The Grand Enlargement and the Great Wall of Europe
I would like to focus here on a development of central importance both for Europe and its partners elsewhere, for which planning has been intricately detailed in some areas, myopically absent in others: the new Europe we shall inhabit beginning the first of May, 2004.
This is the success-story of EU enlargement, a Cinderella-like tale of mutual self-interest, rewarded. Yet, if we can say that the Grand Enlargement has been successful in prompting and sustaining a revolutionary transformation of eight formerly communist countries, then the picture is rather different for the rest of the post-communist world. Those states that failed to enact deep and wide-ranging reforms are plagued by metastasizing corruption; their societies inadvertently export organized crime, illegal immigrants and little else. The New Neighbors, especially those with few prospects at this time for EU membership – Russia, Belarus, Ukraine, Moldova, Serbia, Macedonia, Albania, Bosnia-Herzegovina, and further afield, Georgia and Armenia – have advanced little since the collapse of communism.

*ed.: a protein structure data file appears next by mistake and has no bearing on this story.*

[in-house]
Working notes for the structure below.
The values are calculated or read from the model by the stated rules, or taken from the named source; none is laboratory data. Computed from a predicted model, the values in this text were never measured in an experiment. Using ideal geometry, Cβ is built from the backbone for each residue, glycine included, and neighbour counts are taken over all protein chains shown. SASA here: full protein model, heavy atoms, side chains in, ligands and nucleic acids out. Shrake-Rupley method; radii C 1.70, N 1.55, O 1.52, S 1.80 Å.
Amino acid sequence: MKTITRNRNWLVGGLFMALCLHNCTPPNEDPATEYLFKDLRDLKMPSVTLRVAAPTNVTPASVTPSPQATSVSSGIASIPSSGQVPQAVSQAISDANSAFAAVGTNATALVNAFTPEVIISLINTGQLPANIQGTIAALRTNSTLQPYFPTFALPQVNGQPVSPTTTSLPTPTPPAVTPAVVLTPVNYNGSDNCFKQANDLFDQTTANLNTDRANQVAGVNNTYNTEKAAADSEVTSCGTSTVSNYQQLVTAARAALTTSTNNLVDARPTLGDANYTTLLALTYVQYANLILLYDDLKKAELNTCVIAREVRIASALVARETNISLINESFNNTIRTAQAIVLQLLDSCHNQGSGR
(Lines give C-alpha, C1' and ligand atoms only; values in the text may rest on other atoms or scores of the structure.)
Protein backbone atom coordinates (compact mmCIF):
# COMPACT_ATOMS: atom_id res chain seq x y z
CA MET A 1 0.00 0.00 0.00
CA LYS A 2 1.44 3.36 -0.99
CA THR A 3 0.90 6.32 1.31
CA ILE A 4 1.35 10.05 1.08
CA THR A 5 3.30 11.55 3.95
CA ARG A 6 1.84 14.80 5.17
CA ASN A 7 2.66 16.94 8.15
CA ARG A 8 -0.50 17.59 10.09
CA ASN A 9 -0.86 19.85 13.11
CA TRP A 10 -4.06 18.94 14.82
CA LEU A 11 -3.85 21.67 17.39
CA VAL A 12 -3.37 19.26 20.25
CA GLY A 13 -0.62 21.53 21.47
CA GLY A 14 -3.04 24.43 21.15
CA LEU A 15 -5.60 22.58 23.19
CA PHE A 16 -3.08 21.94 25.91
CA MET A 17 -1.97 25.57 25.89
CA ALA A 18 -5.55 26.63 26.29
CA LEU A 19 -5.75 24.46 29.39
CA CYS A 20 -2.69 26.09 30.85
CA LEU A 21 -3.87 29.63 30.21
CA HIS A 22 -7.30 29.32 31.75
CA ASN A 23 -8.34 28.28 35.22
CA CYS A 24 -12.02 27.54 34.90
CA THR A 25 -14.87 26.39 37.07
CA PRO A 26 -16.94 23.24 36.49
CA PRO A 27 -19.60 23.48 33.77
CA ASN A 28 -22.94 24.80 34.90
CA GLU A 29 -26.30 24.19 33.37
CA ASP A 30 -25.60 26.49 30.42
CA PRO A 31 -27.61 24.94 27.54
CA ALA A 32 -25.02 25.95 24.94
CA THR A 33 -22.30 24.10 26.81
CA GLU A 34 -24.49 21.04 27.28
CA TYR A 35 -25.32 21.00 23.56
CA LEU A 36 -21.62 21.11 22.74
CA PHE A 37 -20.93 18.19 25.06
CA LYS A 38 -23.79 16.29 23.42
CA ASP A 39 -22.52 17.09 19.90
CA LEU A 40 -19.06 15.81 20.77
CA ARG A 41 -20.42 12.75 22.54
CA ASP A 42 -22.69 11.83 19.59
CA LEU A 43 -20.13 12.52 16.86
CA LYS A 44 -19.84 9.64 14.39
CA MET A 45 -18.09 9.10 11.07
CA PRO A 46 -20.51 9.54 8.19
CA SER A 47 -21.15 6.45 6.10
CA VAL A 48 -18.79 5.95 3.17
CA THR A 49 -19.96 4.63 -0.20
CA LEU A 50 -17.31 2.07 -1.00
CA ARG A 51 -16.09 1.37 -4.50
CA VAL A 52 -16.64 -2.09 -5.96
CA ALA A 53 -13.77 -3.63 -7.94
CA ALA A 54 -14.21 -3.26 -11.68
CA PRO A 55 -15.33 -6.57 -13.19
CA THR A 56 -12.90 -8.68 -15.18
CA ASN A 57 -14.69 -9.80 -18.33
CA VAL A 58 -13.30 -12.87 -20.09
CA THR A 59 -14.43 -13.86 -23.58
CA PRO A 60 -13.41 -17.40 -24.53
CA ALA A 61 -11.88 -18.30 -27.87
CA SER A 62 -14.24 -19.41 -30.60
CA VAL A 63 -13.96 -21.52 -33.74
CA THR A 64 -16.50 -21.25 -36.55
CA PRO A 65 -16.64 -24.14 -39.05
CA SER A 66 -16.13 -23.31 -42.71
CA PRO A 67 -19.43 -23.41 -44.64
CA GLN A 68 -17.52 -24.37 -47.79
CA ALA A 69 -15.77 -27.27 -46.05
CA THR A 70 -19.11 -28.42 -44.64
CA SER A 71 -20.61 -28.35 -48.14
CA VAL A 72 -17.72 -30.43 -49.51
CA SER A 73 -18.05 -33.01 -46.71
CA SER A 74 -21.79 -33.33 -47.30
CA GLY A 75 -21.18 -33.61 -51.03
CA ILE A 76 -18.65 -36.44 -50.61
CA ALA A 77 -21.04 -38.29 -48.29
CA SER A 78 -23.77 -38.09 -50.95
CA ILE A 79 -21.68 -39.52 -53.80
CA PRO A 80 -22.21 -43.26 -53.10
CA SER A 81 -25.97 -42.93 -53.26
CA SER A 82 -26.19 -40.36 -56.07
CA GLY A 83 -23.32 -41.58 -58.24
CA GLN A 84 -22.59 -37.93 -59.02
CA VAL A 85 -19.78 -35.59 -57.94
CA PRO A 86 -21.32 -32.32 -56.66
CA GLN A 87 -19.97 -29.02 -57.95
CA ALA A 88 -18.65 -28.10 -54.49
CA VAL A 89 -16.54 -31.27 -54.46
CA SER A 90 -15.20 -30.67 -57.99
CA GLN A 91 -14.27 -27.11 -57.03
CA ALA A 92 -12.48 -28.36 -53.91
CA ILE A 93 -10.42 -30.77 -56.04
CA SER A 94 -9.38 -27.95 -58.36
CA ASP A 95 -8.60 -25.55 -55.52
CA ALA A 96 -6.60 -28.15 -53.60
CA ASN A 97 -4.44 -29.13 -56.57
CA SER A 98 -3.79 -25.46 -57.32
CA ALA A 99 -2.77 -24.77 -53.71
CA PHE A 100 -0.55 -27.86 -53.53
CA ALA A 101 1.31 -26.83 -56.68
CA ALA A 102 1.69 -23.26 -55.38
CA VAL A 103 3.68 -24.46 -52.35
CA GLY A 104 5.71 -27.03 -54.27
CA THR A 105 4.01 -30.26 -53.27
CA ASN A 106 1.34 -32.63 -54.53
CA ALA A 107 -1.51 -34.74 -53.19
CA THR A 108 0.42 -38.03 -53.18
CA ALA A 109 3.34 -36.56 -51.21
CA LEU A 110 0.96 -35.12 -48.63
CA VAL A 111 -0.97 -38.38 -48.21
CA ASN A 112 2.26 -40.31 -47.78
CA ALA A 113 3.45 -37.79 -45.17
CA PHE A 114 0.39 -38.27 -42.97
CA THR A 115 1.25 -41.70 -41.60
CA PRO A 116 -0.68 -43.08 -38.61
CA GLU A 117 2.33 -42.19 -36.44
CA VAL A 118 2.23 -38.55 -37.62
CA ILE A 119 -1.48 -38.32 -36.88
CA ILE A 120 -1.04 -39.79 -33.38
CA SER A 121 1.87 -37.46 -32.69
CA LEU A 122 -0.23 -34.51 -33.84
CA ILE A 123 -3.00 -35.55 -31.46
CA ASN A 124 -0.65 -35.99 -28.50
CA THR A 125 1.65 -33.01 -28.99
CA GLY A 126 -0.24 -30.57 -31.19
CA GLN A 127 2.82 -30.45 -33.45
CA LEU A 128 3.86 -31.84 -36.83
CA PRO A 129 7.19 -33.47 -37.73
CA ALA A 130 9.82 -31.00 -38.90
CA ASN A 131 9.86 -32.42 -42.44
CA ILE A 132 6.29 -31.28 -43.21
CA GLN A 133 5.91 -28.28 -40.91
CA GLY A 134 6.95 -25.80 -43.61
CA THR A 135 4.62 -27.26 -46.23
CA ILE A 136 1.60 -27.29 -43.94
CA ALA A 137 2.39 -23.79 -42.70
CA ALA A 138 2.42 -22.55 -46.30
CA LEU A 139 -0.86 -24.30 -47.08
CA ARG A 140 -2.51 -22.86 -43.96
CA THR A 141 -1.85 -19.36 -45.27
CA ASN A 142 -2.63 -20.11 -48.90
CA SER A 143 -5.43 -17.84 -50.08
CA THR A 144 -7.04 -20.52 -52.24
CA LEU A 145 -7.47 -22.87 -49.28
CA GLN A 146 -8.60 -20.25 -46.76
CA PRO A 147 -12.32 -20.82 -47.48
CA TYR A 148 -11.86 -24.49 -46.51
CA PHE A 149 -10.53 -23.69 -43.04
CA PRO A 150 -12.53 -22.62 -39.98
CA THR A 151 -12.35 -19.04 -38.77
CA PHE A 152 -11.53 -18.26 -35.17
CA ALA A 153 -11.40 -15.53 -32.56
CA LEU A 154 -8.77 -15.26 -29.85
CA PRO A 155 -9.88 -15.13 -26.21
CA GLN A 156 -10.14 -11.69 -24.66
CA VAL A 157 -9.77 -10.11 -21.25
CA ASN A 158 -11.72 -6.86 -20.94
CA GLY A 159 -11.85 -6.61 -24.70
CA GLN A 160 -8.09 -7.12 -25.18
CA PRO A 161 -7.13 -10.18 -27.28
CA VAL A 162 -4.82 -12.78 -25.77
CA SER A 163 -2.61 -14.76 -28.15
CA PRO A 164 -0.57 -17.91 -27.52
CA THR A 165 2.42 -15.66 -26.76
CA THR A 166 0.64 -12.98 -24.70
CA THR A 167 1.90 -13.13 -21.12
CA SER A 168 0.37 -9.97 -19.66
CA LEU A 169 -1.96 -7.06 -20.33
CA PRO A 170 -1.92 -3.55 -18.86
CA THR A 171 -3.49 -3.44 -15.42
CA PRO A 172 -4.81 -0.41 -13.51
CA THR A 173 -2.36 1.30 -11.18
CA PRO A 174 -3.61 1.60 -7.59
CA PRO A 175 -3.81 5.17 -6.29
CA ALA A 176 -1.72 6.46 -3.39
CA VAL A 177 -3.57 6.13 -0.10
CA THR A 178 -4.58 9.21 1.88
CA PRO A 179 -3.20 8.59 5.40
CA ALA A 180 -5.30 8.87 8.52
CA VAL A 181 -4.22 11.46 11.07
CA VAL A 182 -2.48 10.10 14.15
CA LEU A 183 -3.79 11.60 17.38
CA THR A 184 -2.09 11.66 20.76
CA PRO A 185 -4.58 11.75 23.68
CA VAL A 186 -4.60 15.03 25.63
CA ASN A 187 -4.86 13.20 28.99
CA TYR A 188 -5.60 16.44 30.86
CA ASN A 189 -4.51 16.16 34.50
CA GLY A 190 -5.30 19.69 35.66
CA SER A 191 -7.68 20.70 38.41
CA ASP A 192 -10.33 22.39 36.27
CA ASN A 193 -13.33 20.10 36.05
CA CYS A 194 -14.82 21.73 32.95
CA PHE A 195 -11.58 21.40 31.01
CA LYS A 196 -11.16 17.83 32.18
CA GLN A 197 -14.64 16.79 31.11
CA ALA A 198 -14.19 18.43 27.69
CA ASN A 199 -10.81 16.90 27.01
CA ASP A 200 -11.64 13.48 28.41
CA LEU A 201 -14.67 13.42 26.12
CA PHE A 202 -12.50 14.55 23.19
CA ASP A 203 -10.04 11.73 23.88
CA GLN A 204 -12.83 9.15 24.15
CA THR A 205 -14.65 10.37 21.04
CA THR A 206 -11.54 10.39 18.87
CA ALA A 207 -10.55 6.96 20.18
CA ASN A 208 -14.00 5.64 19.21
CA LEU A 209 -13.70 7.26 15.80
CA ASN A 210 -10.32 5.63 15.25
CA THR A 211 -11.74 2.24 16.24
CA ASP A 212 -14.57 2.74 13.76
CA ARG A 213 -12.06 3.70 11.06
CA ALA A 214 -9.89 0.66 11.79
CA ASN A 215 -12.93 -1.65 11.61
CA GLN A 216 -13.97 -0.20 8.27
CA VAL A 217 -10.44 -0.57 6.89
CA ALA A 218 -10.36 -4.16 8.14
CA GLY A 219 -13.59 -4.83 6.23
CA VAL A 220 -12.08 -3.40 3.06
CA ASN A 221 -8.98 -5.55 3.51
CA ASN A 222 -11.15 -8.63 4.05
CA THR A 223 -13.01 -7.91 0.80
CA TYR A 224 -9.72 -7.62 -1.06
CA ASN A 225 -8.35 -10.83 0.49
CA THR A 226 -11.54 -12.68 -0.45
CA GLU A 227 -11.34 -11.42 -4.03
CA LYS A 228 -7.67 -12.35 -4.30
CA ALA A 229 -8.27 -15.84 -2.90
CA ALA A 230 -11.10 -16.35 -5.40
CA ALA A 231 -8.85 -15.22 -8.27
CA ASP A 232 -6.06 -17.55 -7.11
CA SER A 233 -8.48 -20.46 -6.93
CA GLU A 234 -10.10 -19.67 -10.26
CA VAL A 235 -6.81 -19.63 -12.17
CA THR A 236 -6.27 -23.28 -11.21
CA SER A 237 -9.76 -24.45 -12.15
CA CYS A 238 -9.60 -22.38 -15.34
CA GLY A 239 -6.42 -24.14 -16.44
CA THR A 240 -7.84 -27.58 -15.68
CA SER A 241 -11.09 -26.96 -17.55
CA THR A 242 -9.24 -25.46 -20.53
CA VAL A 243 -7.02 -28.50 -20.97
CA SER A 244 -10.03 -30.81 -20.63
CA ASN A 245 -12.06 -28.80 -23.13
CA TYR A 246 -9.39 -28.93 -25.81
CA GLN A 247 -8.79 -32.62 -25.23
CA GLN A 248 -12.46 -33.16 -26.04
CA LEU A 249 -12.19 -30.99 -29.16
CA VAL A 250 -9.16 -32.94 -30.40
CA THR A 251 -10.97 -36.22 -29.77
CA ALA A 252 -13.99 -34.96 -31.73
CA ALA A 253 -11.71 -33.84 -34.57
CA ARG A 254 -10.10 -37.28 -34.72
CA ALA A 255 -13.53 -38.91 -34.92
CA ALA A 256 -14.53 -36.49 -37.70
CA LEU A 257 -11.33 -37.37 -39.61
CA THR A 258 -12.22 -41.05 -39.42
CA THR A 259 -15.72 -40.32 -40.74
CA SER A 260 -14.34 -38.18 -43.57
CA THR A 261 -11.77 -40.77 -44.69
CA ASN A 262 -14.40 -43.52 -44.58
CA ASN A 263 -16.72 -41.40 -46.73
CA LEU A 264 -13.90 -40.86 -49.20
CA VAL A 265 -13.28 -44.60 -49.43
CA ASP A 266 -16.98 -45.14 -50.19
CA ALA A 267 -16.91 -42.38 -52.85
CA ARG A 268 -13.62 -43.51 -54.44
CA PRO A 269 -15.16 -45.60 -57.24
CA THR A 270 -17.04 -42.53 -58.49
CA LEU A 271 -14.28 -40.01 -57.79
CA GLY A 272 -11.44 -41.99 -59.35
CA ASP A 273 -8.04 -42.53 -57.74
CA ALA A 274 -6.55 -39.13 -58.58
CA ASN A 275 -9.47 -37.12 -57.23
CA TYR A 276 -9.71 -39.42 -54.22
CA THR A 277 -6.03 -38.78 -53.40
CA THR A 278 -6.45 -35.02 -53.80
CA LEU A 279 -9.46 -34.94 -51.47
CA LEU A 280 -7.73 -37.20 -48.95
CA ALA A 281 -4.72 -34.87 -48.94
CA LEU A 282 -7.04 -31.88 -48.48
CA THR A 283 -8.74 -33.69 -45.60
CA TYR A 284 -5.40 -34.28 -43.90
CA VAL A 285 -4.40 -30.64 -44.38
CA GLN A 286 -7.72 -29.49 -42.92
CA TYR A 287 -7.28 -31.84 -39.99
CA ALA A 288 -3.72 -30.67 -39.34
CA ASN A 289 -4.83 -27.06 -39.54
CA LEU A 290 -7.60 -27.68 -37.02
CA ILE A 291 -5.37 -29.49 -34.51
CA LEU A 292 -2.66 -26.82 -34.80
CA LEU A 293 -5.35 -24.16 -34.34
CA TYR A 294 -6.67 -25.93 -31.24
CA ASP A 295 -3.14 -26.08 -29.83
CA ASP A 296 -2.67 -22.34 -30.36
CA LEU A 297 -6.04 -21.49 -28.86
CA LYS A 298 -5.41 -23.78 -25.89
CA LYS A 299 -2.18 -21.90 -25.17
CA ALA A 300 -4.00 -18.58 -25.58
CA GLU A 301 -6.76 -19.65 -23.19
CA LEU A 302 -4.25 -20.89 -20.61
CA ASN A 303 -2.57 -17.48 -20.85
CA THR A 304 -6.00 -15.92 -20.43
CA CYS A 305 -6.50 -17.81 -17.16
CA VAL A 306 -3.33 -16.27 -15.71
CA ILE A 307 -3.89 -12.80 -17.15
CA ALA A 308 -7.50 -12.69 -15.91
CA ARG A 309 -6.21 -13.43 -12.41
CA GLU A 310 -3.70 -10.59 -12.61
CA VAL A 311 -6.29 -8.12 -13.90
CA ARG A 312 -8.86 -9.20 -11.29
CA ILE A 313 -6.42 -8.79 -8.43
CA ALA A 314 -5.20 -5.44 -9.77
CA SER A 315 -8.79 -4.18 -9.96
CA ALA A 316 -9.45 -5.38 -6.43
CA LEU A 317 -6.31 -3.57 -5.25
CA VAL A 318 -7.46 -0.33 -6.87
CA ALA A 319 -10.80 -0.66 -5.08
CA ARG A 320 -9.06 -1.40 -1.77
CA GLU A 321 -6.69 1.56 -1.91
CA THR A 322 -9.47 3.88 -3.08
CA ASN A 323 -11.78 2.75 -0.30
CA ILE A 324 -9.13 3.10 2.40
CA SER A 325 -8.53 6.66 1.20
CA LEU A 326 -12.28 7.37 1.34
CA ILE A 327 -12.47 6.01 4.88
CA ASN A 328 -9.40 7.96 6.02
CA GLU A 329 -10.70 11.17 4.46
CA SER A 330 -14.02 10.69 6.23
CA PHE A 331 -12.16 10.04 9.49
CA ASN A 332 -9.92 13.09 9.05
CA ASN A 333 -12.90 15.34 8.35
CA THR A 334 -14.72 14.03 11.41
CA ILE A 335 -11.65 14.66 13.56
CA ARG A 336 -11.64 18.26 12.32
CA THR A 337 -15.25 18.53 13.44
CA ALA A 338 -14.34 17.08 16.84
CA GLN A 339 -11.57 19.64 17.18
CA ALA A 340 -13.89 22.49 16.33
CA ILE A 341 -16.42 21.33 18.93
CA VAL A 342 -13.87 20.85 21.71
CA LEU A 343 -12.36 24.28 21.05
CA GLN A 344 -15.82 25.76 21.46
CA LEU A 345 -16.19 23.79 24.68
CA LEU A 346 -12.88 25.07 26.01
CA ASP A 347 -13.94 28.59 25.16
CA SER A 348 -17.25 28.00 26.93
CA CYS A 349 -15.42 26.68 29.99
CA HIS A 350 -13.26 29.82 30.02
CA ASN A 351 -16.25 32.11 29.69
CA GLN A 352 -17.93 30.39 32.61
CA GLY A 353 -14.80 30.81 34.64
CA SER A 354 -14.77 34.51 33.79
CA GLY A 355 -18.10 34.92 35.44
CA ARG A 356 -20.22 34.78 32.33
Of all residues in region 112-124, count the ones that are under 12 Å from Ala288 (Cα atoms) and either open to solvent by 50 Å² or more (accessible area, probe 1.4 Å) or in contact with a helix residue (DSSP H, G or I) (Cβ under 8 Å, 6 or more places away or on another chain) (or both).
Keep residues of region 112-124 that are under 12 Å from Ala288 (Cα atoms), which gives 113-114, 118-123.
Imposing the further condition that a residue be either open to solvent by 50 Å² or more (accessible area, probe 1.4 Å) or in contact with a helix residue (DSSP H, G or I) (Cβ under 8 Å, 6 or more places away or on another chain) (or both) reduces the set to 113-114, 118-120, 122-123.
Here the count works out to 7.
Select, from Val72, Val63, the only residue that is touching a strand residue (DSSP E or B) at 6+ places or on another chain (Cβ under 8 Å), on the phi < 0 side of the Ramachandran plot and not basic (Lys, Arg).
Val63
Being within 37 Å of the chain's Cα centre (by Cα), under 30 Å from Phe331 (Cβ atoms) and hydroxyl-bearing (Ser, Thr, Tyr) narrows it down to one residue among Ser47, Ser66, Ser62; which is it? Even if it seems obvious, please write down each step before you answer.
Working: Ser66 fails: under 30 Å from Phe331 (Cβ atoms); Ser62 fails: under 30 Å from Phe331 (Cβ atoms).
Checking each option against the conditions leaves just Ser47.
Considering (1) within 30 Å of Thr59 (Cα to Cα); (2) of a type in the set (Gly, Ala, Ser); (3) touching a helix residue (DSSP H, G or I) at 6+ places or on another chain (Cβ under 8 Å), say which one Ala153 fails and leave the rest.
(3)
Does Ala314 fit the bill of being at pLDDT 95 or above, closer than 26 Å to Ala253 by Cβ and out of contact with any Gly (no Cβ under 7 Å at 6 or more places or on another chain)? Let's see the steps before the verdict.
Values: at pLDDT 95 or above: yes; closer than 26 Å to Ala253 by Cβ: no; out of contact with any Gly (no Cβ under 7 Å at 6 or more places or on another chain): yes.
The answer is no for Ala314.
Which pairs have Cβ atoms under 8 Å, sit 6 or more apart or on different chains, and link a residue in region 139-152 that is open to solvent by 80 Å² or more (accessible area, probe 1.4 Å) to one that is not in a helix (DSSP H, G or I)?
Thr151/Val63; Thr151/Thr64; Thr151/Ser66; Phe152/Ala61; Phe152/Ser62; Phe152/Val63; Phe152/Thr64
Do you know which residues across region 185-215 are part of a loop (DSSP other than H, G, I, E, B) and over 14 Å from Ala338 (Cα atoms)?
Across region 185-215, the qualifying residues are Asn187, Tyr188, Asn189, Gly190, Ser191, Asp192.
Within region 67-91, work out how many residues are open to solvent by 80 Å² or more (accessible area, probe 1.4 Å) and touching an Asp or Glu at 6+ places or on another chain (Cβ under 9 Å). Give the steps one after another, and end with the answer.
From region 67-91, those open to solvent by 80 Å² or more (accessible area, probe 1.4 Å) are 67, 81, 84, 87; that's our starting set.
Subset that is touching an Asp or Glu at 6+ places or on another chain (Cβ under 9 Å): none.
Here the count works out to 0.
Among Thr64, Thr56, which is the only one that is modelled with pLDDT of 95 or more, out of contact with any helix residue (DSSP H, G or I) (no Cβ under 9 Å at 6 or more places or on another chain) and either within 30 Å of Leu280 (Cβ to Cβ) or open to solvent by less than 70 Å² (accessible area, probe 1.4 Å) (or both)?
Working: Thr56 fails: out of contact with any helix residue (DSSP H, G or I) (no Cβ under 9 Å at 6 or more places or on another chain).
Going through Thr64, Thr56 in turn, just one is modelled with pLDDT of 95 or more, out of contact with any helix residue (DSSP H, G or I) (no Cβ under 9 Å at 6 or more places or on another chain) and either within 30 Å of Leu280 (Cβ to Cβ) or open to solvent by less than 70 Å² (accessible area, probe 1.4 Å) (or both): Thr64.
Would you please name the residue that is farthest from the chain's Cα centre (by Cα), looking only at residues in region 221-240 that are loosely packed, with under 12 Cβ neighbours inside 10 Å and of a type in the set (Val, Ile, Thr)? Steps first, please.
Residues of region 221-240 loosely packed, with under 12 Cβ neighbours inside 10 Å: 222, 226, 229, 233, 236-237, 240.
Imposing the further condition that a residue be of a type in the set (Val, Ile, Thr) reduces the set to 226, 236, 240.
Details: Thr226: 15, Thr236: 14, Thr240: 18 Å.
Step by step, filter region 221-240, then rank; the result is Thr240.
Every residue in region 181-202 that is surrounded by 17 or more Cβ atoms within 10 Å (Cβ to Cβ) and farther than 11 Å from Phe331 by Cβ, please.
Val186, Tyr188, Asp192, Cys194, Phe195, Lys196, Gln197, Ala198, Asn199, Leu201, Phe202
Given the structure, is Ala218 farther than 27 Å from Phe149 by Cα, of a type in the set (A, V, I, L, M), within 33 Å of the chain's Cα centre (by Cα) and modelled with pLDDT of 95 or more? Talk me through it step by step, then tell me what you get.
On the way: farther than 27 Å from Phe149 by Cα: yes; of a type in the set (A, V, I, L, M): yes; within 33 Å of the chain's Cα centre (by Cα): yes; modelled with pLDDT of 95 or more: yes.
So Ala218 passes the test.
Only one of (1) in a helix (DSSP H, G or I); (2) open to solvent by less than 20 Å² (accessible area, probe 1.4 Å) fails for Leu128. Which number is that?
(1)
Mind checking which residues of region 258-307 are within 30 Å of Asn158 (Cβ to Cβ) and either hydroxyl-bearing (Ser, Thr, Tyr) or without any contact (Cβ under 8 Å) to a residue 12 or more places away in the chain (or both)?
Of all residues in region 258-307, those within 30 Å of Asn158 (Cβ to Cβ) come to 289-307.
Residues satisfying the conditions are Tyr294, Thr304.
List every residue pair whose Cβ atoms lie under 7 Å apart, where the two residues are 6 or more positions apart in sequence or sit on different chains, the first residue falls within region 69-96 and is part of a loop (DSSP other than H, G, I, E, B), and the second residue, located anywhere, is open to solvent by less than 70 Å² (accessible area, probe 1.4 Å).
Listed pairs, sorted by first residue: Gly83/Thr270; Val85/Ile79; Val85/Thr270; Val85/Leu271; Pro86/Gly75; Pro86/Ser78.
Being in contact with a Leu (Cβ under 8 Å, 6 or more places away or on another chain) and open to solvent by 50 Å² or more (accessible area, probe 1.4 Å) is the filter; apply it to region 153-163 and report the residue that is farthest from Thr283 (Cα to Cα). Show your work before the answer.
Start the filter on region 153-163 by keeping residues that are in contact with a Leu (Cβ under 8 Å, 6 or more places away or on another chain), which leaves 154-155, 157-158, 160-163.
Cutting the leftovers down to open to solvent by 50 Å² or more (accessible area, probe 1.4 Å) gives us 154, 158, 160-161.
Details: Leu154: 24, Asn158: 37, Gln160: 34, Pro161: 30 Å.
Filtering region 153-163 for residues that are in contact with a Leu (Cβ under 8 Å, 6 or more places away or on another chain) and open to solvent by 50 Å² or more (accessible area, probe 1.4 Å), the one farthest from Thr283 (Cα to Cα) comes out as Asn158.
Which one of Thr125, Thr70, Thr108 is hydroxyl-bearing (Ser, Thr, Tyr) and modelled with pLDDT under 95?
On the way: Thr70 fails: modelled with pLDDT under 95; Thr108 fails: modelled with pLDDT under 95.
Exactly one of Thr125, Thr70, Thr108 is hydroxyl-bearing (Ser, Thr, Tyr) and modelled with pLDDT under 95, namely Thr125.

The fundamental strategic political and economic decision the EU faces, therefore, is what to do with the New Neighbors? This is not just a matter of delaying a decision; the EU must also consider the implications and prospects of being bounded by states rife with the very problems the Grand Enlargement was designed to eliminate. Will the New Neighbors also be offered the chance to join? Will they be offered an accession-for-reforms package? When would they join? What are the options for, what are the engines of a continued enlargement? Does the bargain, the carrot and the stick offered to the countries of the Grand Enlargement, also hold for these new neighbors? All of these are pressing questions, for as the Grand Enlargement nears completion, the prospects for further enlargement are changing in a number of ways.